The 2007 Cape Cod Baseball League season may be fading in our memories, but this year's MLB pennant race is heating up. Just as we did last year, we'll keep the baseball discussion going by following former and future Cape league players. I was in Cincinnati this weekend and caught a Reds game with the Florida Marlins. It was homers galore, including one of those sweet strokes by Ken Griffey Jr (his 591st). But it wasn't just any game. This was the game in which they retired the Big Red Machine's number 13 -- shortstop and All-Star MVP David Concepcion.
It was a special game for me. Growing up in Oklahoma, which is also the home of Hall of Fame catcher Johnny Bench, I was a hard-core Reds fan through all of the 70s and much of the 80s (sorry Red Sox fans). It was made all the more enjoyable by joining my brother, Mike, who lives here, and my son.
Just before game time last night Bench, Sparky Anderson, Tony Perez, George Foster and other Reds greats gathered for a ceremony celebrating their teammate from Venezuela along the first-base line.
Concepcion, overwhelmed by emotion, could barely speak. His wife had to come up to join him at the lectern. It was a special night for Reds fans and for baseball. I was honored to be there.
In seeing his number retired, Concepcion joined six other former Reds: managers Fred Hutchinson (1) and Sparky Anderson (10), catcher Johnny Bench (5), second baseman Joe Morgan (8) and first basemen Ted Kluszewski (18) and Tony Perez (24).
It had been years since I watched Concepcion. His deep range in the hole and his powerful arm would place him among the best in the majors today. The Cincinnati papers yesterday morning and the talk this weekend is that he deserves to be in the Hall of Fame and some say he may be among the best shortstops of all time. He didn't do backward flips but if I had to take a national league shortstop I'd be hard pressed not to pick him. I believe his skills, his numbers, his many awards and his part in the Big Red Machine deserve a spot in the Hall.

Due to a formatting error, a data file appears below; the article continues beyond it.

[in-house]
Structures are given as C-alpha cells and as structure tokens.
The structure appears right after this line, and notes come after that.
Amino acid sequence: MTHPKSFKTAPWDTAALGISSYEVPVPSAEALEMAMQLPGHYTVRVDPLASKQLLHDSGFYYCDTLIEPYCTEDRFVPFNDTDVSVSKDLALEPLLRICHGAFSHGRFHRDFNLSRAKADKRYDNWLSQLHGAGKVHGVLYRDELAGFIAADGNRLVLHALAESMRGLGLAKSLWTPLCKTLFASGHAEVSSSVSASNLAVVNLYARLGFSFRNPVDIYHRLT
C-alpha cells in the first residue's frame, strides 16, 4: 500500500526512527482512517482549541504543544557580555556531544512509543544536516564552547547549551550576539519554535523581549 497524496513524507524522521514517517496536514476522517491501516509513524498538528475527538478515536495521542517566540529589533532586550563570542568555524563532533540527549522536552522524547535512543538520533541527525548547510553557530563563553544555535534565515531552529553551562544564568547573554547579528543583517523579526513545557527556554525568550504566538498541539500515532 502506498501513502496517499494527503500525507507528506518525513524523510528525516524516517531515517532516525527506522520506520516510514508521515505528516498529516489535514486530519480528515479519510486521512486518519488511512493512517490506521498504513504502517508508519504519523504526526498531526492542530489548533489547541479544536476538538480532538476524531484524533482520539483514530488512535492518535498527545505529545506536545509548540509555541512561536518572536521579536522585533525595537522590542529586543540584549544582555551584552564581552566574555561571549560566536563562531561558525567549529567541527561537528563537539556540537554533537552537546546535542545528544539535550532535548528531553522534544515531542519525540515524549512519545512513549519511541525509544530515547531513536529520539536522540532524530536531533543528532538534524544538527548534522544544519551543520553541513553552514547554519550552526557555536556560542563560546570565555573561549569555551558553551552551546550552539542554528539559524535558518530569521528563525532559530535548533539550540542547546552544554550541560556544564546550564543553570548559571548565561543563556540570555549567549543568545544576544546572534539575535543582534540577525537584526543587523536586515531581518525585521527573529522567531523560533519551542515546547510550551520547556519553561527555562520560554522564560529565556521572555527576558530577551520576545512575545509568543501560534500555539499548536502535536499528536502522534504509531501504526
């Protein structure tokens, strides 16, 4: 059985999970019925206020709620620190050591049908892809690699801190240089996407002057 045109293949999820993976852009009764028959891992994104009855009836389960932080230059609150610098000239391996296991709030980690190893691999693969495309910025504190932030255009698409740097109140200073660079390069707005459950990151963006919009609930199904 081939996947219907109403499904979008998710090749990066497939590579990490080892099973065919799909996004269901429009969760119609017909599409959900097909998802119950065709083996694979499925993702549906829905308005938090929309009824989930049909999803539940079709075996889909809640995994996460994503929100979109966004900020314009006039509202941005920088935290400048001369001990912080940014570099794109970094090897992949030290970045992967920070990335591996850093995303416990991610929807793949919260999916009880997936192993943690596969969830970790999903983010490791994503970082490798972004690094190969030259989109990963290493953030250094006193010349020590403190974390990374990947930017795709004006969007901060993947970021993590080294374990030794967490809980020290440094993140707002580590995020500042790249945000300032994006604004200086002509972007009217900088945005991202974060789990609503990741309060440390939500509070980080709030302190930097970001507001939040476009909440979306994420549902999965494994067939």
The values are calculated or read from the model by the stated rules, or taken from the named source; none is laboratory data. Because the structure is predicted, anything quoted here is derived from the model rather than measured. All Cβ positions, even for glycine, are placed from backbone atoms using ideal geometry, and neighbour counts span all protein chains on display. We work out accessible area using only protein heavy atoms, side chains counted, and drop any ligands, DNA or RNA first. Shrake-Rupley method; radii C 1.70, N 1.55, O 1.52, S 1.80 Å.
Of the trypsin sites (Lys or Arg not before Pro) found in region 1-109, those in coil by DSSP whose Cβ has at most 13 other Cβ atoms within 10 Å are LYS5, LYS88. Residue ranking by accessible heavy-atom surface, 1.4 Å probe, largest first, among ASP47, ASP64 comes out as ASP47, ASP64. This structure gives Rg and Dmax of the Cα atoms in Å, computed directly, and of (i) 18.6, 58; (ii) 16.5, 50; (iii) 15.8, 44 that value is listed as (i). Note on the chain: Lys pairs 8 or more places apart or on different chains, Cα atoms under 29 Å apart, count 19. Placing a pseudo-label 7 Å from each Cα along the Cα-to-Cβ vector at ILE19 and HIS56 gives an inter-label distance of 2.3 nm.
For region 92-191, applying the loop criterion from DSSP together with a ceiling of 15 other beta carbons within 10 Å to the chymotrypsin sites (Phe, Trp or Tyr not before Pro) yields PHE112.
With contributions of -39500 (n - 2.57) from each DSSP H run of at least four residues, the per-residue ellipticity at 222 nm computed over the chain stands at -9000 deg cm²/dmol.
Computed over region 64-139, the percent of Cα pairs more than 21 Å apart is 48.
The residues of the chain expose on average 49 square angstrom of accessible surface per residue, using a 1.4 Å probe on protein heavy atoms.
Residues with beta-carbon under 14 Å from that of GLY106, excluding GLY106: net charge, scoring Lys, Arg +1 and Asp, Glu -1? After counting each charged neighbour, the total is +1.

This was my first visit to the Reds' new home, Great American Ballpark. Great American is not the greatest of the ballparks I've visited. But I have to say it's better than billed. When I told friends I would be visiting the park, many were quick to say it's not a great ballpark. I disagree. It's a comfortable, intimate ballpark, conveniently located next to old Riverfront Stadium downtown. It has a beautiful mosaic at the entrance featuring Reds greats and some terrific statues Ted Kluszewski (1B), Frank Robinson, Ernie Lombardi and Joe Nuxhall, the kid who broke into the majors at 15 during the War. Nuxhall was in attendance last night for the Concepcion ceremony.
The ballpark definitely has some downsides. The often heard complaint is that it's turned the wrong way. There must be engineering reasons why. Most downtown ballpark outfields frame the city's downtown skyline. Not Cinci. You basically see nothing in the outfield but sky. The scoreboards are hard to decipher, confusing. The ballpark, while functional, is not a beautiful ballpark.
The Reds' Aaron Harang, who played in Cotuit in 1998, had gotten the win the previous night in Cincinnati. There must have been other Cape league alumni in the line-up but I'm not sure who they all are. Did former Memphis star Dan Uggla, who homered last night for the Marlins, play on the Cape?
As in my other notes from major league parks, the connection with the Cape league is through its players. But a night devoted to Concepcion can also be an inspiration to players young and old.